Art of Middle Earth

From Jeff LaSala at Donato Giancola Is the Caravaggio of Middle-earth

When I visited Venice last year, I was overcome by the quality and quantity of the art filling the great halls of the famous Palazzo Ducale (Doge’s Palace). The works of Italian Renaissance painters like Paolo Veronese and Tintoretto surround you and nearly overwhelm you in that place. Saints, kings, soldiers, philosophers, angels, and gods throng the walls, ceilings, and frescoes. But you know, if someone could sneak in an armload of paintings by artist Donato Giancola—paintings like “Gandalf at Rivendell,” “Boromir in the Court of the Fountain,” or “The Tower of Cirith Ungol”—and scatter them around the palace, I bet it would take a good long while for some snooty art historian to notice and complain.

Hell, I probably wouldn’t double-take, either, because those paintings would be perfectly at home there among the masters. I suppose if you put up enough of Donato’s masterpieces in the Louvre or the Met, maybe tourists would eventually wonder why Satan looks an awful lot like a Balrog or ask who all those stressed-out, grey-robed, pipe-smoking old men are, and hey, what’s that blonde lady doing with a sword and, whoa, is she facing off against a headless, mace-wielding black knight who’s just been unhorsed from some kind of pterosaur? What Greco-Roman myth is that even from?!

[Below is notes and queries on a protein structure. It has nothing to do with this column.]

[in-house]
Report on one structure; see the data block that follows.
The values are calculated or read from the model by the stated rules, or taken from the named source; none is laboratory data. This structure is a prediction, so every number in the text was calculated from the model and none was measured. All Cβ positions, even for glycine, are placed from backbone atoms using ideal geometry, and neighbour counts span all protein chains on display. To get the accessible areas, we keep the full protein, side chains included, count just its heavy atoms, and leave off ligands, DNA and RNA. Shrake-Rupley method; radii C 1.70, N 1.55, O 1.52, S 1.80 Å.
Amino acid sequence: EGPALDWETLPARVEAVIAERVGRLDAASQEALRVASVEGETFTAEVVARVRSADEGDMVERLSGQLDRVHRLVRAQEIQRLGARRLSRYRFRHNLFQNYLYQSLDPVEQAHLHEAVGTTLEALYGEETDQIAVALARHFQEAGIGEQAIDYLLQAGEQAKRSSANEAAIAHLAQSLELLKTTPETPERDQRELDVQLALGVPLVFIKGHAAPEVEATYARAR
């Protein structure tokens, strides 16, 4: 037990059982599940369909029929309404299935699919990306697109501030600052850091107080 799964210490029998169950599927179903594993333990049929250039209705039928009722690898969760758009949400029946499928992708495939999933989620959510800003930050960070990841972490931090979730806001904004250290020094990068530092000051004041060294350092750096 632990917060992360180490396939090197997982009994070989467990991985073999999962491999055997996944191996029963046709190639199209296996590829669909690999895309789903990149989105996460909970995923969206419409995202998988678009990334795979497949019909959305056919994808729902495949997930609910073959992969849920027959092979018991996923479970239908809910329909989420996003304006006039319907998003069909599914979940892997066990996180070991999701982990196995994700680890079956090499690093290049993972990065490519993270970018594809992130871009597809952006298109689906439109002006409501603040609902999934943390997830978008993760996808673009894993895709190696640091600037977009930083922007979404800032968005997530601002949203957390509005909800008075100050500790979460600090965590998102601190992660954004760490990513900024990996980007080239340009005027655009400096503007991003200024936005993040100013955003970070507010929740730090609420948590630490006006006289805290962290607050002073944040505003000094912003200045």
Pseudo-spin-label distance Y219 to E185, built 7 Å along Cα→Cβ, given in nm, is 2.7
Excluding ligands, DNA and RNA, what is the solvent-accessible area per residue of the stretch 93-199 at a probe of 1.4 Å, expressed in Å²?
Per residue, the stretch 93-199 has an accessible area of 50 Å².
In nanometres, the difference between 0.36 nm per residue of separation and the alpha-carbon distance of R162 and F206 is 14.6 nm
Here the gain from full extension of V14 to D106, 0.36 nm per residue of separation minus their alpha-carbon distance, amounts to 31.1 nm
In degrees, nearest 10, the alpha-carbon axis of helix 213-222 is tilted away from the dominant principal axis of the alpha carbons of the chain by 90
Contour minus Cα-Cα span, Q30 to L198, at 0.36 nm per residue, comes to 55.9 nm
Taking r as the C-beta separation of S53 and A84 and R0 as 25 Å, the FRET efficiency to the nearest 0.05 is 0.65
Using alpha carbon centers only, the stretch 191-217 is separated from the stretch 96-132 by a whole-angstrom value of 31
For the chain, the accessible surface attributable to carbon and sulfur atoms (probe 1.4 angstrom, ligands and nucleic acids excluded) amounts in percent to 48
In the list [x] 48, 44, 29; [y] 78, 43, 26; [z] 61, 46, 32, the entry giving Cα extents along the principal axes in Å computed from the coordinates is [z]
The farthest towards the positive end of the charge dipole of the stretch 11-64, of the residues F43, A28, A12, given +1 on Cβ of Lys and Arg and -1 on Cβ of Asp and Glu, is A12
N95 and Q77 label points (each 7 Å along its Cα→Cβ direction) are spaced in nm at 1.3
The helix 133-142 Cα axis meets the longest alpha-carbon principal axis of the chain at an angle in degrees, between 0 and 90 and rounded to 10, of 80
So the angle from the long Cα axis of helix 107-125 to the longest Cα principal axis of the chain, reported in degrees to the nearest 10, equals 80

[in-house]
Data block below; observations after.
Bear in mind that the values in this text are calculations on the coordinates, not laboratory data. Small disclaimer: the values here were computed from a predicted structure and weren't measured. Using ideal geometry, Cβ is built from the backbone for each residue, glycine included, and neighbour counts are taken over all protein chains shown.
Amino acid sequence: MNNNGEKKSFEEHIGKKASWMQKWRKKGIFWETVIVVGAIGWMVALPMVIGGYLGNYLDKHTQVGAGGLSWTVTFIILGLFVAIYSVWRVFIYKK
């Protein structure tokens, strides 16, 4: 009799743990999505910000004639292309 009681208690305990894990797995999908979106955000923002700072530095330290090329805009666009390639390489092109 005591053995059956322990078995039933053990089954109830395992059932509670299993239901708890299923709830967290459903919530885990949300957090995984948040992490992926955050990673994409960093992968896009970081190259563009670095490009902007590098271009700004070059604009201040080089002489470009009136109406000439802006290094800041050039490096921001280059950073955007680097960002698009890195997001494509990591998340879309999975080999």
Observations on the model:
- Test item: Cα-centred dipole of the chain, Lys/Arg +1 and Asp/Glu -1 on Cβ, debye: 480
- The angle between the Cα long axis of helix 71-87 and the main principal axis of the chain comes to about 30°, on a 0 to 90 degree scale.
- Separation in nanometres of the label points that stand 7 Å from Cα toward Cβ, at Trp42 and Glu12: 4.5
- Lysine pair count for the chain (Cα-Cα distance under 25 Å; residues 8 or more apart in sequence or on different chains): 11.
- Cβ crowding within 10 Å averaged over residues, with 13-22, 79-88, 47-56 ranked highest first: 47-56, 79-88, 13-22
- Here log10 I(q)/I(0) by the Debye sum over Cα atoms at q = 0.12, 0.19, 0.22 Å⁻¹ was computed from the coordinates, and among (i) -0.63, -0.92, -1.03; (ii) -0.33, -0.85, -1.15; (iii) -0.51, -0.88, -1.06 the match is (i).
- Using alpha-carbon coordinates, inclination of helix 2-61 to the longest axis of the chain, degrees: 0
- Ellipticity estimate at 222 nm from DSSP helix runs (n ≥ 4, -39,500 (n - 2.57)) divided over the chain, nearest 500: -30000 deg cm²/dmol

The whole post is well worth a look, with many great examples of Donato Giancola’s artwork. My favorite presented in this post is, surprisingly enough, the one of Sarumon called “Sarumon — Corruption.” He looks . . . worn out. Not physically, but emotionally; or, I suppose, spiritually.

Incidentally, the Doge’s palace in Venice is indeed amazing. And now that LaSala has suggested it, I too can visualizeDonato Giancola’s paintings fitting into that venue. They really would.

Final note: scroll all the way to the bottom. The robot feeding the squirrel is of course not exactly a Middle-Earth image, but it’s a great painting.

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